From a Homily on Memorial Day
At last the woman who had been sobbing outside of the president's office was granted entrance. She explained that her husband, fighting in the war, had gone missing and with it the money he had been sending home. She begged the president to discharge one of her two enlisted sons, as she had no means of support. Abraham Lincoln, staring at the fire, hands behind his back and head bowed low, simply said, as if speaking to himself, “I have two you, you have none.” The president walked over to the desk and wrote a note of discharge.
Several weeks later the same woman appeared in the executive mansion. Upon entrance she explained to Lincoln that she had located her son who was stationed in a small town named Gettysburg, but that she had arrived too late. He was already in the ground. Through tears, the woman asked if the president could write a note for her other son. Similarly as before, with head bowed low facing the fire and hands behind his back, Lincoln stuttered, “I have two, you have none.” He went back to the desk after a pause and wrote a second note. It was said that the woman accompanied him to the desk and “smoothed his thick and disorderly hair with motherly fingers.”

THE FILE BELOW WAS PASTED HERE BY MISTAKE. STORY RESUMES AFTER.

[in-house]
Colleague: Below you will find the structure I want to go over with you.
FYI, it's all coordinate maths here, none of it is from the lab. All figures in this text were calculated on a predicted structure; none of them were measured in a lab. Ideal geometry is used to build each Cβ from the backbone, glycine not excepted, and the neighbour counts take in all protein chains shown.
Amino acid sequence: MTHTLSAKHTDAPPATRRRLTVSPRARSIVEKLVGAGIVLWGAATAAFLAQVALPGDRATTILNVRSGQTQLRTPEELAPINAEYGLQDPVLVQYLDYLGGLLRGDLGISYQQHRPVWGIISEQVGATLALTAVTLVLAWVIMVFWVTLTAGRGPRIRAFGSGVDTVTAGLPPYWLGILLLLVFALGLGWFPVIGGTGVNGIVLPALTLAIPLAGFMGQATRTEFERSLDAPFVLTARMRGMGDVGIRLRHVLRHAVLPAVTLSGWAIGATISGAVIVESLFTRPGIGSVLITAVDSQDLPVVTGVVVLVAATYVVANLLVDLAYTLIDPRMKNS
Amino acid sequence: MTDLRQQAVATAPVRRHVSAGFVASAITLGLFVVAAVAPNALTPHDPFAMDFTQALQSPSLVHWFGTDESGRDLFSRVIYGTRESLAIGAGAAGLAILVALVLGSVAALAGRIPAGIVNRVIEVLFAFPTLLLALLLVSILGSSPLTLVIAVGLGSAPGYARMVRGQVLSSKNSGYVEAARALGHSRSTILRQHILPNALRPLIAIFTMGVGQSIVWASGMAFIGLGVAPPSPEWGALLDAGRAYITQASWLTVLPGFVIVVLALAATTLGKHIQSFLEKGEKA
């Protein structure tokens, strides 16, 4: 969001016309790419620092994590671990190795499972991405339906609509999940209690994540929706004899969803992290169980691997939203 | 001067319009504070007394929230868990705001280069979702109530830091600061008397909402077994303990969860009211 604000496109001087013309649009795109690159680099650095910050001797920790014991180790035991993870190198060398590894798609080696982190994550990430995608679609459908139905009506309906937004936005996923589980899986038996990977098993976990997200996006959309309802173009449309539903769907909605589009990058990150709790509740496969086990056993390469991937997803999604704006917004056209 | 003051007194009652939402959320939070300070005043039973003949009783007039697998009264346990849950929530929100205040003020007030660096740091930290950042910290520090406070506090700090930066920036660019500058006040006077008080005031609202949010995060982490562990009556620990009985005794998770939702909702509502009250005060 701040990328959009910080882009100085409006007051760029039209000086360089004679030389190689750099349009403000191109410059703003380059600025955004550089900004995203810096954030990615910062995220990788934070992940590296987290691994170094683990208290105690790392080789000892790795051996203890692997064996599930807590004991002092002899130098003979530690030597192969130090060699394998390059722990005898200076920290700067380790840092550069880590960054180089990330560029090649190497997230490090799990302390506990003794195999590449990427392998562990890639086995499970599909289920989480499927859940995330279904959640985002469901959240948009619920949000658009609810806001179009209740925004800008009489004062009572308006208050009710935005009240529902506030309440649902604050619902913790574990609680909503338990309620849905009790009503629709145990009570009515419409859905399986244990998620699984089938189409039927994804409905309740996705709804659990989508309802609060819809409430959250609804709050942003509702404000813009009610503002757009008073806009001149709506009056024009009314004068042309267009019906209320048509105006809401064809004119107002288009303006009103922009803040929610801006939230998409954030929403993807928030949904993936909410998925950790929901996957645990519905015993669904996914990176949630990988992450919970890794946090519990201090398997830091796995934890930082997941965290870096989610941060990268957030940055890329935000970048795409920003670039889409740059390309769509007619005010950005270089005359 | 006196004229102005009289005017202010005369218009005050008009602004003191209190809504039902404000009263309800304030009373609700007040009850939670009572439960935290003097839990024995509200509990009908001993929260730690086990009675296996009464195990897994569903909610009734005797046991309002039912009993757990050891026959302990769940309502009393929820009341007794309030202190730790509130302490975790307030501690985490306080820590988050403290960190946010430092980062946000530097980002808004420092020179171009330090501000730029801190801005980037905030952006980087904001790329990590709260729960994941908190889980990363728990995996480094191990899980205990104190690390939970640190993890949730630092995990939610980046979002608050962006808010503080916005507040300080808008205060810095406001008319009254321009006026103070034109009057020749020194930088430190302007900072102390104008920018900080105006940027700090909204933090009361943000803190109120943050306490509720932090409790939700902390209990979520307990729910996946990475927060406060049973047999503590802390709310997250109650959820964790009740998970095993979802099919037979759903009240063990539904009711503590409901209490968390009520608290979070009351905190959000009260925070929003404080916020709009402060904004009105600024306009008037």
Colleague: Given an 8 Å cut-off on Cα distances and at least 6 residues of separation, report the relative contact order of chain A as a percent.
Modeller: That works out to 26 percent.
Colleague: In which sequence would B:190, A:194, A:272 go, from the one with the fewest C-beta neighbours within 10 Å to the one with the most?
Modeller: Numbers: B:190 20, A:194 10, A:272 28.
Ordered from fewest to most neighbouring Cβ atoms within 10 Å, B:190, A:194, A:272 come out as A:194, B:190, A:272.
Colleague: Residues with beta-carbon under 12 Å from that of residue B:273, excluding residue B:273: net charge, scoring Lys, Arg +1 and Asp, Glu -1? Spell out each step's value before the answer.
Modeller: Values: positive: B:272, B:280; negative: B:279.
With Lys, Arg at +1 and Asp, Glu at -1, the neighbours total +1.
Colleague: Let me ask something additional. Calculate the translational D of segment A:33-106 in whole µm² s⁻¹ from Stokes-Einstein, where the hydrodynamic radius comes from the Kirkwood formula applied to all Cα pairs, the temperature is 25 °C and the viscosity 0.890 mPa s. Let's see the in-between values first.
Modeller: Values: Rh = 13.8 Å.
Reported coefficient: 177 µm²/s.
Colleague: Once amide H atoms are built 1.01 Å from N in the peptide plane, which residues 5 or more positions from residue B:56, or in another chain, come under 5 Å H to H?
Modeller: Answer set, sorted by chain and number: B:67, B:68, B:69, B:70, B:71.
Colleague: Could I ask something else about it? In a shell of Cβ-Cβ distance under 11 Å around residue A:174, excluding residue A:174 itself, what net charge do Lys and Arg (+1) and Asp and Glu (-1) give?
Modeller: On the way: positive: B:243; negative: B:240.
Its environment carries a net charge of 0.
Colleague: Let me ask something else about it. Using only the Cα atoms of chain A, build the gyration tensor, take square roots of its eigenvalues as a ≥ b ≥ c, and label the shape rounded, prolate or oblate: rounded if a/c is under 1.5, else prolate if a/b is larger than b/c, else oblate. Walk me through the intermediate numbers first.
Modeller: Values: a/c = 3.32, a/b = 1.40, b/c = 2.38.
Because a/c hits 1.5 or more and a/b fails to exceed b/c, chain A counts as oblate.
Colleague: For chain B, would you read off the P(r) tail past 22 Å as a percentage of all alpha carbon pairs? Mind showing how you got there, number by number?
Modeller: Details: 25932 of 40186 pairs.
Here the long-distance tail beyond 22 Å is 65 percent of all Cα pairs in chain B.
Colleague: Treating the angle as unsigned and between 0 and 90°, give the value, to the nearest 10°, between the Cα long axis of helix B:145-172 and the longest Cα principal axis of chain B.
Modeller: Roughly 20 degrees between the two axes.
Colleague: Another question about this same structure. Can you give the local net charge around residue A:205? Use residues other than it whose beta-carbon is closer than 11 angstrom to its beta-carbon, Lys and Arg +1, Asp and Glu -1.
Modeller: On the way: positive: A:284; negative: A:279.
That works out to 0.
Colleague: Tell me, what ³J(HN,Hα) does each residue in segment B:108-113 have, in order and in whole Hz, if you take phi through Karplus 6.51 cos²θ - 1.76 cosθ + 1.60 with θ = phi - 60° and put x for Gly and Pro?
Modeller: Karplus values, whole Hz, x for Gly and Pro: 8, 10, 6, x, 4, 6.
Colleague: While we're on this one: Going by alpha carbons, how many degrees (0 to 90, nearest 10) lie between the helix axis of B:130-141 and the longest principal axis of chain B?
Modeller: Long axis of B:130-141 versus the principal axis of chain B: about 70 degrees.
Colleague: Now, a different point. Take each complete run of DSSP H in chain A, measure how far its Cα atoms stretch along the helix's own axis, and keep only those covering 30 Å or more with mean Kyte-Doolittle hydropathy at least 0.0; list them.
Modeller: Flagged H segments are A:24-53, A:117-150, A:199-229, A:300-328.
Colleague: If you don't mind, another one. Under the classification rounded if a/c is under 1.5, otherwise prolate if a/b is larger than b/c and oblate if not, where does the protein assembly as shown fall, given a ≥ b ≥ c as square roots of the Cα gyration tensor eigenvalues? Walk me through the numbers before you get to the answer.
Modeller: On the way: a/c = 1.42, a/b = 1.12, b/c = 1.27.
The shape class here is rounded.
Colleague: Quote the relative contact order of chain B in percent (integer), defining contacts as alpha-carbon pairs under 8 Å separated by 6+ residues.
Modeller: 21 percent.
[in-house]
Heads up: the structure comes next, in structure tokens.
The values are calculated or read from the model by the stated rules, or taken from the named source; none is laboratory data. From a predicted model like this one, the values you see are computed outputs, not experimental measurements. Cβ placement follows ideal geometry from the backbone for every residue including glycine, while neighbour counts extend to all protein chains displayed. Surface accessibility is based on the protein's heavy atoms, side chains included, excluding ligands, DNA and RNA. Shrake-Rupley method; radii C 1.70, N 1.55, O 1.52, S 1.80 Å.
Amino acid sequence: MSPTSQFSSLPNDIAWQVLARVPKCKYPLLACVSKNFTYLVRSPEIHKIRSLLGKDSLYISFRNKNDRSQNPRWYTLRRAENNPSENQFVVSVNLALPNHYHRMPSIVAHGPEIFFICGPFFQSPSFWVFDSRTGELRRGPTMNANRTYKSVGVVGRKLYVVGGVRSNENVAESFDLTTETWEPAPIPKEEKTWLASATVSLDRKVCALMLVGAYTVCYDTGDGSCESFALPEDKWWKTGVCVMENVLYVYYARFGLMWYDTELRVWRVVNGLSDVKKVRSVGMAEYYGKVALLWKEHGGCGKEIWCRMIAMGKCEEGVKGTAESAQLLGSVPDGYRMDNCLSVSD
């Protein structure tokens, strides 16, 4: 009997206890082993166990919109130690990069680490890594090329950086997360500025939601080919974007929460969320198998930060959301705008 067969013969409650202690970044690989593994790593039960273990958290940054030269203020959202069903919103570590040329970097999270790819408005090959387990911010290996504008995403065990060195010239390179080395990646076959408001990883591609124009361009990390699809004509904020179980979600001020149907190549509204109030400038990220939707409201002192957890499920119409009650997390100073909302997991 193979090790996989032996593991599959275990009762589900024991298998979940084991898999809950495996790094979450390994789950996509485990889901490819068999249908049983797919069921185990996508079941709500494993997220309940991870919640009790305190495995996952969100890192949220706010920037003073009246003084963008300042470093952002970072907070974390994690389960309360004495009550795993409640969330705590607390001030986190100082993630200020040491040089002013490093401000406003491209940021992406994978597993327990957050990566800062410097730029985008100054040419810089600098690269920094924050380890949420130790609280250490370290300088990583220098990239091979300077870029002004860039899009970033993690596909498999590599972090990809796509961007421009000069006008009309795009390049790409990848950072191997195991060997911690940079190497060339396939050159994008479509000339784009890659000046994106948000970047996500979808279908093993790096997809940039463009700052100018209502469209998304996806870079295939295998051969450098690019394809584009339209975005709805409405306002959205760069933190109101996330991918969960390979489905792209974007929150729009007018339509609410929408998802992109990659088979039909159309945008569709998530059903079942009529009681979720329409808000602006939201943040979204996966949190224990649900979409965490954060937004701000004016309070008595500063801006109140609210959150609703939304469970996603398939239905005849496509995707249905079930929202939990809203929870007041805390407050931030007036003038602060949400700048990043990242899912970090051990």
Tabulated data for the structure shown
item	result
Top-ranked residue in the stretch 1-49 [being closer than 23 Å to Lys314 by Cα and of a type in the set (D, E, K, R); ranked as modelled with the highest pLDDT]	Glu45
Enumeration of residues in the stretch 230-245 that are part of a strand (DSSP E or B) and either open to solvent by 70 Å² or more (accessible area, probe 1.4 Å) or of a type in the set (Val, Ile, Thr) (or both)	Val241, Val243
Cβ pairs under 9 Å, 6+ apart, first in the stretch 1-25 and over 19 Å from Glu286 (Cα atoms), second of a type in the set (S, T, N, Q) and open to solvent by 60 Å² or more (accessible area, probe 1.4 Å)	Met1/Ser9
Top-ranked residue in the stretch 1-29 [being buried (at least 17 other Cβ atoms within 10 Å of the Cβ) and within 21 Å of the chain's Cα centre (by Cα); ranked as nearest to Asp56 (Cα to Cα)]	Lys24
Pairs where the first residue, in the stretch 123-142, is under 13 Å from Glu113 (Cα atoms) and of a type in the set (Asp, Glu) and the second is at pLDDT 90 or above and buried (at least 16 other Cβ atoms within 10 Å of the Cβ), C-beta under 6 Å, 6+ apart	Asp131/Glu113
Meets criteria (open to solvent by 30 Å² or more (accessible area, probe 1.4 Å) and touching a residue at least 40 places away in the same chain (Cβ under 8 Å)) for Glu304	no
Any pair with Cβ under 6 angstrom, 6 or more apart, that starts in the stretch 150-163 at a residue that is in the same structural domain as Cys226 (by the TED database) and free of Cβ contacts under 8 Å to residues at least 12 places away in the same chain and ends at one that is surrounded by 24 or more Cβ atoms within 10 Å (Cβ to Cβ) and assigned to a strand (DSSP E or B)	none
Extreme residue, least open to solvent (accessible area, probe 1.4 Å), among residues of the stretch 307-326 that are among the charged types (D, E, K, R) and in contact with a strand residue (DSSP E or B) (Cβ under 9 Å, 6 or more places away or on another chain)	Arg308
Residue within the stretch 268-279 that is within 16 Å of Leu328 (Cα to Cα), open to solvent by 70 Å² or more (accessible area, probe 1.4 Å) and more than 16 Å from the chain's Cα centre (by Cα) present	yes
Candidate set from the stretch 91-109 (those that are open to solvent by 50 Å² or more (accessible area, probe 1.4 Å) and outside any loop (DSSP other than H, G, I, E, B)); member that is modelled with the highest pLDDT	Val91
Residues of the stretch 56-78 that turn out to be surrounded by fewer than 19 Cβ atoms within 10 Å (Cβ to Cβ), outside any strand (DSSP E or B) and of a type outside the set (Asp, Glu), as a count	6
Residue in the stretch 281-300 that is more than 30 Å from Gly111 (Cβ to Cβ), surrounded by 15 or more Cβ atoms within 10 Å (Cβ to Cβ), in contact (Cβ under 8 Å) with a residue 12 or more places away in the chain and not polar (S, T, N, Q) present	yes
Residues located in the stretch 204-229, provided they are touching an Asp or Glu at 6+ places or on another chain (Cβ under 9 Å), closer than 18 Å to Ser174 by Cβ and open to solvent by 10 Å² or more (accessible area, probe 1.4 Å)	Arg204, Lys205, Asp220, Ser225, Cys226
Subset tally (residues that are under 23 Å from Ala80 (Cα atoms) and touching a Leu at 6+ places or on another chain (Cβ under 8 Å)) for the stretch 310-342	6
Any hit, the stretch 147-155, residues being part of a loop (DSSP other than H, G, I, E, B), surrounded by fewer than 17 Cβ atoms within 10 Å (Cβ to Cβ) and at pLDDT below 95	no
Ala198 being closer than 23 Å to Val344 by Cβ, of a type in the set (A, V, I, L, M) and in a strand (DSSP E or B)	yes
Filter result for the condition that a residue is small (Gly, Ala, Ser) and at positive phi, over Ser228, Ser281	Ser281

We celebrate with parades and barbecues on Memorial Day, but we ought not forget those who died in service to our country and the families who mourn their deaths. We can show compassion, as Lincoln did. The best way to do so is by prayer; to pray that the deceased are at rest in heaven and that the mourners' anguish may be assuaged. We will be confident, then, that these dead will not have died in vain.